It's a "scholarship for service" system for paying back your tuition/stipend. If it takes you 3 semesters to get your degree, you have to work for the Fed Gov for 18 months to be fully "paid back". Then you can quit the Gov and go work for a contractor and make big $ since you're already cleared. I stayed in Fed service for 2.5 years and then went back to the private sector.

    Feel free to ask me any other questions. It was a great deal and I'm so happy I was able to get a free MS out of it.

    • I work at a privately held FFRDC which hires a lot of scholarship for service graduates. I had no idea such a program even existed until I was hired a few months ago. It sounds like a great way to get a masters degree paid for (I graduated with a PhD which was funded by an NSF grant, but MS students are rarely that lucky). Like you said, a lot of the SFS graduates put in their two years and leave although FFRDC pay and benefits are significantly better than what the feds offer.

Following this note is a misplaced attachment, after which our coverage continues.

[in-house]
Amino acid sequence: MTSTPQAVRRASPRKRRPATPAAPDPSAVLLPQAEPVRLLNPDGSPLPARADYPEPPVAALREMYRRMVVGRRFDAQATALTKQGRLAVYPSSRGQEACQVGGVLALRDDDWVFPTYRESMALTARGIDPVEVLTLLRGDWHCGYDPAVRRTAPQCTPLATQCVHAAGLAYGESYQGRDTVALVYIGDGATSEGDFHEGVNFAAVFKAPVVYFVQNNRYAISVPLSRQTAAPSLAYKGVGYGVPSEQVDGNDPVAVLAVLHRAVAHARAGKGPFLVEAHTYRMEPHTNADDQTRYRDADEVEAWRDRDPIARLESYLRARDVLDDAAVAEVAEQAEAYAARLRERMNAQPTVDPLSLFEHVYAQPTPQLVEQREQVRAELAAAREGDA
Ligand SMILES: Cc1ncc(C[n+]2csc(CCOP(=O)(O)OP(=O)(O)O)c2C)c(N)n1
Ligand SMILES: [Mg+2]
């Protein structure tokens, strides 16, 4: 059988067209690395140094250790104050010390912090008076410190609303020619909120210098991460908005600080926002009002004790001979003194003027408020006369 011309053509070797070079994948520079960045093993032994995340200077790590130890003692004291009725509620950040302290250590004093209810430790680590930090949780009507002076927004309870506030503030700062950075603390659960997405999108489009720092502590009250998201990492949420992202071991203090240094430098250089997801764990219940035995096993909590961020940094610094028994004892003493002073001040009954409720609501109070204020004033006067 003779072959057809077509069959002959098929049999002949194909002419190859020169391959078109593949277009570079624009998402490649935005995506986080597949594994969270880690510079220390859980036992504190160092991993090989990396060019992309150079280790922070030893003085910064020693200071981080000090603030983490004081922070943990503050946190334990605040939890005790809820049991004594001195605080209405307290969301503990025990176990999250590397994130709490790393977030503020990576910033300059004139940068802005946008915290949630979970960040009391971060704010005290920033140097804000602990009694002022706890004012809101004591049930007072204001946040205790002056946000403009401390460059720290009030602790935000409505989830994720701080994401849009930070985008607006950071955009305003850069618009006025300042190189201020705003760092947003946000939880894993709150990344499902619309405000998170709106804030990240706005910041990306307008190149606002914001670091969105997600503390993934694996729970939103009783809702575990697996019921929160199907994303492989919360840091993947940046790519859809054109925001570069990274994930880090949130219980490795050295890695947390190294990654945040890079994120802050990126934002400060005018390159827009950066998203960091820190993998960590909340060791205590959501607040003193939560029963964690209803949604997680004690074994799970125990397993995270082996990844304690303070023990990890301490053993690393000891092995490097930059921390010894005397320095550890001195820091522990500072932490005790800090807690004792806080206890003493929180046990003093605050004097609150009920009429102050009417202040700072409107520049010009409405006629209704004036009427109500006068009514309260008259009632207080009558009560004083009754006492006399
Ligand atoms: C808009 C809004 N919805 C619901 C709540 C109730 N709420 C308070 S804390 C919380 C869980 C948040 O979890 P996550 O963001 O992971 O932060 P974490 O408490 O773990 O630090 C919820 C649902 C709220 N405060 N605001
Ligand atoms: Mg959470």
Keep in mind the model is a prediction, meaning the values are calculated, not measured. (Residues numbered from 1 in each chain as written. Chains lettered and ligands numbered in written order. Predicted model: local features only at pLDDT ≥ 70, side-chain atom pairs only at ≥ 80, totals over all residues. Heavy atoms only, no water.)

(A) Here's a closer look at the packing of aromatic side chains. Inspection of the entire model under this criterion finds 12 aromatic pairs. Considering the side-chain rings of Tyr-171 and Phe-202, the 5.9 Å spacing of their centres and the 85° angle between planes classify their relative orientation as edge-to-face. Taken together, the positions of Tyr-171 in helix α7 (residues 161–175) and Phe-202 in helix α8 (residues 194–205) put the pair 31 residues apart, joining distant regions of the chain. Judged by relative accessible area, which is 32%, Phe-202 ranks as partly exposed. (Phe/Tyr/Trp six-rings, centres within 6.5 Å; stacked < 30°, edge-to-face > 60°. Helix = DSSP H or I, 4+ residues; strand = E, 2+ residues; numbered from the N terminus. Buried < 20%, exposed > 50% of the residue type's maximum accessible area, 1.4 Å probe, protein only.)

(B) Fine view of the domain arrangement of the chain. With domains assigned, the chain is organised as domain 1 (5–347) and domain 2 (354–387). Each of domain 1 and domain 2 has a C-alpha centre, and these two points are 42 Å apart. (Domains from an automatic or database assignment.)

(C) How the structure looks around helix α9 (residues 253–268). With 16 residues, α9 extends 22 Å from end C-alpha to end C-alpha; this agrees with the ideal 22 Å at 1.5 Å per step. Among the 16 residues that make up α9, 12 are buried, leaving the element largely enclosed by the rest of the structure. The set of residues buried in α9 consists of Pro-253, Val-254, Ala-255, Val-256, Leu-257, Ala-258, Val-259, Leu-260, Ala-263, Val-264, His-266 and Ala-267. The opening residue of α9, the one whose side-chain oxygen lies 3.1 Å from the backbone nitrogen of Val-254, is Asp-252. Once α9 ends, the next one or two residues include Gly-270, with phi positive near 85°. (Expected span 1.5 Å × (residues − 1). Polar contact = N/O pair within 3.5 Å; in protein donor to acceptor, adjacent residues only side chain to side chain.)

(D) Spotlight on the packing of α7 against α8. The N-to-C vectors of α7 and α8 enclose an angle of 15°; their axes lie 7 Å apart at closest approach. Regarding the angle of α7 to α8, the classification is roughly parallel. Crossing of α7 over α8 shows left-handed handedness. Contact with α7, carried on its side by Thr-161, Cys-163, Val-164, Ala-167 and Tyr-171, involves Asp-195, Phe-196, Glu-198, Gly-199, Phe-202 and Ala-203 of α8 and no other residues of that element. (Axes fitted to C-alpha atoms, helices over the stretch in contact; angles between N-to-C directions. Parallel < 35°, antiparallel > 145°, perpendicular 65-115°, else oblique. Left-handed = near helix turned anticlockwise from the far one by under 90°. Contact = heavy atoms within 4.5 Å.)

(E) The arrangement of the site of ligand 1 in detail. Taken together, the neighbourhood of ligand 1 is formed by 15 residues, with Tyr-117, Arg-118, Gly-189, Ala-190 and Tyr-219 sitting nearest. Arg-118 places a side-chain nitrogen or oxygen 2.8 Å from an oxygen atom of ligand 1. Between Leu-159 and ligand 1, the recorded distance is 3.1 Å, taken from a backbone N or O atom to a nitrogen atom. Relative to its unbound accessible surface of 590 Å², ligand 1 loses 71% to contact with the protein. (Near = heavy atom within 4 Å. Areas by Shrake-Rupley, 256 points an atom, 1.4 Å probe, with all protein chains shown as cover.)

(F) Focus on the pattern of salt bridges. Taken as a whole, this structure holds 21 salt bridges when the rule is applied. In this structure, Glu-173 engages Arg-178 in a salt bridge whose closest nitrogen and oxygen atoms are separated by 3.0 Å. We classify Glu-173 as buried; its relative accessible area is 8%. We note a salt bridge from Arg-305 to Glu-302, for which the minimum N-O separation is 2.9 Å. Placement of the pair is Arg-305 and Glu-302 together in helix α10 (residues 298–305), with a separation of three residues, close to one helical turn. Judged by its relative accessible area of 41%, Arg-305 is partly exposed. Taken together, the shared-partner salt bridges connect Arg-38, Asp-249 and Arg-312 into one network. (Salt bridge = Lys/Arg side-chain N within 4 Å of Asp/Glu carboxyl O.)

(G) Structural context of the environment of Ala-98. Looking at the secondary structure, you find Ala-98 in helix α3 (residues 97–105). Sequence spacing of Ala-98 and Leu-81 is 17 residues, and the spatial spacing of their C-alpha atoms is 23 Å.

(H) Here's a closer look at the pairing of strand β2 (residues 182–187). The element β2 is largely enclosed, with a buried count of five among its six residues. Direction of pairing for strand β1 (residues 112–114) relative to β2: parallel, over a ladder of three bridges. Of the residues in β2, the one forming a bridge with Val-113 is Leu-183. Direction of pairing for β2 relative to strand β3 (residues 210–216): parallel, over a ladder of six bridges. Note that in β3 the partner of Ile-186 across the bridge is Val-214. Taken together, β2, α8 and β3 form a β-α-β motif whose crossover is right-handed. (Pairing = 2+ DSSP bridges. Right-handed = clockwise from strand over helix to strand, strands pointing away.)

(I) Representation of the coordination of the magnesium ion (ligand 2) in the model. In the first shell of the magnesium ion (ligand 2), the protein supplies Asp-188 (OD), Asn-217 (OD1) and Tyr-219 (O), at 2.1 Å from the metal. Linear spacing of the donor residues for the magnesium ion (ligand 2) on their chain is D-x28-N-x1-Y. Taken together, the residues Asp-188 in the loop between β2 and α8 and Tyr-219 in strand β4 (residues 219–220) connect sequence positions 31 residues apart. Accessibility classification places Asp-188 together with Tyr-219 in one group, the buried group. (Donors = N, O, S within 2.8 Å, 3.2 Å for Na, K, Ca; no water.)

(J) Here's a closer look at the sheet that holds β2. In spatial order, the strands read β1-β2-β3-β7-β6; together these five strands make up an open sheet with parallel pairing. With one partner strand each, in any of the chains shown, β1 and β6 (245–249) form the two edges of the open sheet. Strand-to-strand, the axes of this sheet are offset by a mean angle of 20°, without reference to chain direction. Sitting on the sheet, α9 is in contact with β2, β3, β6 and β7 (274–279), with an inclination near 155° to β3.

• what happens if you get layed off??

      With all the take of auto cuts coming you can be layed off and be on the hook for the money back as well.

      • by LanMan04 (790429)

        If you get laid off through no fault of your own, you don't owe $.

        I'd have to go back and check my contract (you do sign a contract), but I believe you only owe $ back if you can't get a job at all, are unclearance-able, or get fired for cause.

      • by Tontoman (737489) *
        These jobs are relatively immune from competition with H-1B visa holders.
    • by Anonymous Coward

      I spotted the fed.

      This is getting too easy.

      Thanks for posting, +5 informative.

    • by http (589131)
      If they're handing you a Masters after 3 semesters, you must have had one hell of a thesis that everyone should read (and watch a vid of your defense), or it's an absolutely worthless piece of paper.